De Jonge V.,Erasmus Medical Center | Nicolaas J.S.,Erasmus Medical Center | Van Baalen O.,Beatrix Hospital | Brouwer J.T.,Reinier de Graaf Hospital | And 5 more authors.
American Journal of Gastroenterology | Year: 2012

OBJECTIVES: Colonoscopy is the gold standard for visualization of the colon. It is generally accepted as a safe procedure and major adverse events occur at a low rate. However, few data are available on structured assessment of (minor) post-procedural adverse events. METHODS: Consecutive outpatients undergoing colonoscopy were asked for permission to be called 30 days after their procedure. A standard telephone interview was developed to assess the occurrence of (i) major adverse events (hospital visit required), (ii) minor adverse events, and (iii) days missed from work. Adverse events were further categorized in definite-, possible-, and unrelated adverse events. Patients were contacted between January 2010 and September 2010. RESULTS: Out of a total of 1,528 patients who underwent colonoscopy and gave permission for a telephone call, 1,144 patients were contacted (response: 75%), 49% were male, the mean age was 59 years (s.d.: 14). Thirty-four patients (3%) reported major adverse events. These were definite-related in nine (1%) patients, possible-related in 6 (1%), and unrelated in 19 patients (2%). Minor adverse events were reported by 466 patients (41%). These were definite-related in 336 patients (29%), possible-related in 36 (3%), and unrelated in the remaining 94 patients (8%). Female gender (odds ratio (OR): 1.5), age <50 years (OR: 1.5), colonoscopy for colorectal cancer screening/surveillance (OR: 1.6), and fellow-endoscopy (OR: 1.7) were risk factors for the occurrence of any definite-related adverse event. Patients who reported definite-related adverse events were significantly less often willing to return for colonoscopy (81 vs. 88%, P<0.01) and were less often positive about the entire colonoscopy experience (84 vs. 89%, P=0.04). CONCLUSIONS: Structured assessment of post-colonoscopy adverse events shows that these are more common than generally reported. Close to one-third of patients report definite-related adverse events, which are major in close to 1 in 100 patients. The occurrence of adverse events does have an impact on the willingness to return for colonoscopy. © 2012 by the American College of Gastroenterology. Source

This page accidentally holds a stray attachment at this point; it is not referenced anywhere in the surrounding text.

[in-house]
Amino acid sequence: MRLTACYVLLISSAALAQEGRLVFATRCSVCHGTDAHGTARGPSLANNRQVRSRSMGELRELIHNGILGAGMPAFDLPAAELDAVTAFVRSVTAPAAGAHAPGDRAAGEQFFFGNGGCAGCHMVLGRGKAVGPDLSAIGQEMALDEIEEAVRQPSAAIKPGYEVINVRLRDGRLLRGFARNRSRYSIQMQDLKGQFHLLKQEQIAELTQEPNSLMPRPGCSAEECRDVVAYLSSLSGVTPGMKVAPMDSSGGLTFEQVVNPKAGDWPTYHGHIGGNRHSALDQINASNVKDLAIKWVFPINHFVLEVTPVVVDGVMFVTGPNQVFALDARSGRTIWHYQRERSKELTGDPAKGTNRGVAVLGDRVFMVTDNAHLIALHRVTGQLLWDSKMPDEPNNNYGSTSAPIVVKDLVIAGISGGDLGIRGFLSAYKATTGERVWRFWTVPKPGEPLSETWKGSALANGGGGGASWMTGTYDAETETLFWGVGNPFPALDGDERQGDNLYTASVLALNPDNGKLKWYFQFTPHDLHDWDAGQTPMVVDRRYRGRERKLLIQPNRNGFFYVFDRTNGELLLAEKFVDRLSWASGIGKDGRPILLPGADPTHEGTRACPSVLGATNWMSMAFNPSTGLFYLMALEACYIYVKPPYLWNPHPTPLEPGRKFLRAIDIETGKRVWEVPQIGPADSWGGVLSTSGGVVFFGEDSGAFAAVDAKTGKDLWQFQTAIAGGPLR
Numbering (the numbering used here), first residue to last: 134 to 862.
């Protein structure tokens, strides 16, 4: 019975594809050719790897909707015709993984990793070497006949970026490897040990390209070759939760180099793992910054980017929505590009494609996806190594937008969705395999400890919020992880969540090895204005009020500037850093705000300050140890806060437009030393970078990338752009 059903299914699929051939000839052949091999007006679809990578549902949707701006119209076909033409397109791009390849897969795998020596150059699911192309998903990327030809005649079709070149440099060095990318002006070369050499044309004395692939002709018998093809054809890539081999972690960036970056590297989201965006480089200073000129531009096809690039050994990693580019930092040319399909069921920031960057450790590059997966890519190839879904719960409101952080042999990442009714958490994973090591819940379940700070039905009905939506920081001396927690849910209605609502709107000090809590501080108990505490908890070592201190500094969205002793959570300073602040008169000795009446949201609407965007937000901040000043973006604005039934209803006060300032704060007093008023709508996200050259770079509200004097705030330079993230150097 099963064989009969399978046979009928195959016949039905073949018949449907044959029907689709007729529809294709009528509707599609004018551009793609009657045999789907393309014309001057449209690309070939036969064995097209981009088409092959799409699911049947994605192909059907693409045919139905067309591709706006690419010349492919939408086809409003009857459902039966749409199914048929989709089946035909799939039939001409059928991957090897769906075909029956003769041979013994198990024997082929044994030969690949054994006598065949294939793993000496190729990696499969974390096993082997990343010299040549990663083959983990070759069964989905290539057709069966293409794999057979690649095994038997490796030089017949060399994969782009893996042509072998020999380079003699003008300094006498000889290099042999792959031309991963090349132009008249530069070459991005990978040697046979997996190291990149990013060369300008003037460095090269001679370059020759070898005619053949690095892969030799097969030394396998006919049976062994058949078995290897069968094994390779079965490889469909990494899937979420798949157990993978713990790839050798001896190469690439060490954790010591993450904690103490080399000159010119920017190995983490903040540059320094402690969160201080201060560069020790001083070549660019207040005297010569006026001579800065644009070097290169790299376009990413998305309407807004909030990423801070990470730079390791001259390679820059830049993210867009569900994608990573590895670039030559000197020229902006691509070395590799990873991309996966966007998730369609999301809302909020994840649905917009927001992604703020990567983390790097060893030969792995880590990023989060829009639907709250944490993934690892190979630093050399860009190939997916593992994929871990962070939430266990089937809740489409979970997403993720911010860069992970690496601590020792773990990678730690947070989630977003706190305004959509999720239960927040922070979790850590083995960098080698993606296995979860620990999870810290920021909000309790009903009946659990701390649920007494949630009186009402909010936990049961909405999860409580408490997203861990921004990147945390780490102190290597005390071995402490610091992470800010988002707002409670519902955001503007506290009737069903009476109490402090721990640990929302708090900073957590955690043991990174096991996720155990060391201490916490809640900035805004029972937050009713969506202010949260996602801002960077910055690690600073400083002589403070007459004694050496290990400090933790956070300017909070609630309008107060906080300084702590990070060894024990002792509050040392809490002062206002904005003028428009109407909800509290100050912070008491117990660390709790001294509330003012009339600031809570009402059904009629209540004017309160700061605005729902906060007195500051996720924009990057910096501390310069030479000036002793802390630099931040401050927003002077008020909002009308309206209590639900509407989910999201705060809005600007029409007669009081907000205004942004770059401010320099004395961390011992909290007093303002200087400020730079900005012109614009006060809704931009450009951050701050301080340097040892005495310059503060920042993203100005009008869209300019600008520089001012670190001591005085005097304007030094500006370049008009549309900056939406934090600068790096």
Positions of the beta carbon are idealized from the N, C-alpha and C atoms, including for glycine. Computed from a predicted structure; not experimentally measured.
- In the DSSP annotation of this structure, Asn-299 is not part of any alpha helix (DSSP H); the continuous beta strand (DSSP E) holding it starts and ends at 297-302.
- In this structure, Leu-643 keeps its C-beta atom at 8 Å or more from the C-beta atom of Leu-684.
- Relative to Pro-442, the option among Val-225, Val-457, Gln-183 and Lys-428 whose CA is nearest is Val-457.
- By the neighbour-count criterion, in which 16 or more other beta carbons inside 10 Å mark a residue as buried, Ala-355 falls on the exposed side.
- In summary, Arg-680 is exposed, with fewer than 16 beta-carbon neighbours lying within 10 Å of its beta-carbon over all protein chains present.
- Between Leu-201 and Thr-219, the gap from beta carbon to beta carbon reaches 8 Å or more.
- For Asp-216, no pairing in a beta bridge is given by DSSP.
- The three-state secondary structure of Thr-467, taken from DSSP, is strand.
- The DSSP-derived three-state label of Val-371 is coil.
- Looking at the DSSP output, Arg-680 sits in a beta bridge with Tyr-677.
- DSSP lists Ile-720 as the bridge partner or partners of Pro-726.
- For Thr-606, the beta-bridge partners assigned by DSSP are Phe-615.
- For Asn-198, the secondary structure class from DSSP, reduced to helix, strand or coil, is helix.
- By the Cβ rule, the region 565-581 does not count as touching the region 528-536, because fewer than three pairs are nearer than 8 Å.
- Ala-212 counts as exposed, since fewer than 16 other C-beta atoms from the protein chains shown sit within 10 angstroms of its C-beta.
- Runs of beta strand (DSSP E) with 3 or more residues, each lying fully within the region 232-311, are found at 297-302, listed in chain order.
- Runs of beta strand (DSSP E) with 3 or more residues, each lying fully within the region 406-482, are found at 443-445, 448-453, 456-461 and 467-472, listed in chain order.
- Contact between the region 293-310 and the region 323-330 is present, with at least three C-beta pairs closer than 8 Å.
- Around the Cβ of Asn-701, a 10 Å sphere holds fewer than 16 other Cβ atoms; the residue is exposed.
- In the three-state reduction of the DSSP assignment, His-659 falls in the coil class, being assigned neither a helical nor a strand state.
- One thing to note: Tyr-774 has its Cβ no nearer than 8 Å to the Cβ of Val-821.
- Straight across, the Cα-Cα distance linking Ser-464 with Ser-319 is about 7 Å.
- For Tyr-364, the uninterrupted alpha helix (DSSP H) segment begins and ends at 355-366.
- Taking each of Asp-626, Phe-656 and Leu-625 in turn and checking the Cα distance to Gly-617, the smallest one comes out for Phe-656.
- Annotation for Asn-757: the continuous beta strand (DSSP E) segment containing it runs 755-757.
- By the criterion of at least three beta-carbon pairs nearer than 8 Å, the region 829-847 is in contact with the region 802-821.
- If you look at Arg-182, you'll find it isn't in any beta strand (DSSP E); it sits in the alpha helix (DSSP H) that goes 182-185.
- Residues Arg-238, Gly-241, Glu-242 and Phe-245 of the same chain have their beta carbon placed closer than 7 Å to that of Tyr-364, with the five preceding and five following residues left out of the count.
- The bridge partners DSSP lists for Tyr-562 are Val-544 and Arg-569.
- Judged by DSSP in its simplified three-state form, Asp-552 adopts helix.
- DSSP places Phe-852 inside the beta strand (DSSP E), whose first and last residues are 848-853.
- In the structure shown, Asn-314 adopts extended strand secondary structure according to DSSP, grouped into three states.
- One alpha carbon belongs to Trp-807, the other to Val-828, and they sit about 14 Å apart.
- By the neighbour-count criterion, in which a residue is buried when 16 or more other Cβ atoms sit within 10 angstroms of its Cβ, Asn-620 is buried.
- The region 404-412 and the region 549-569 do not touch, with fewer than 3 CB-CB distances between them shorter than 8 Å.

Stouten K.,Albert Schweitzer Hospital | van de Werken M.,Albert Schweitzer Hospital | Tchetverikov I.,Albert Schweitzer Hospital | Saboerali M.,Beatrix Hospital | And 3 more authors.
Annals of Clinical Biochemistry | Year: 2014

Measurement of serum angiotensin-converting enzyme (ACE) activity can be helpful in the diagnosis and disease monitoring of sarcoidosis. Elevated serum ACE activity is found in 60-70% of sarcoidosis patients. Usually, the ACE activity is mildly increased (<3-fold the upper limit of the reference range) in sarcoidosis patients. Extremely elevated ACE activity is suggestive of the benign condition known as 'familial hyperactivity of ACE'. Familial hyperactivity of ACE is a relatively rare condition and can be confirmed by genetic testing. Considering a genetic cause of strongly elevated serum ACE activity is important to prevent possible overdiagnostics. Here, we highlight the factors that may complicate the interpretation of serum ACE activity measurements, and we present two cases that illustrate the importance of interdisciplinary consultation when extremely elevated serum ACE activity is measured. © The Author(s) 2013 Reprints and permissions:.sagepub.co.uk/journalsPermissions.nav. Source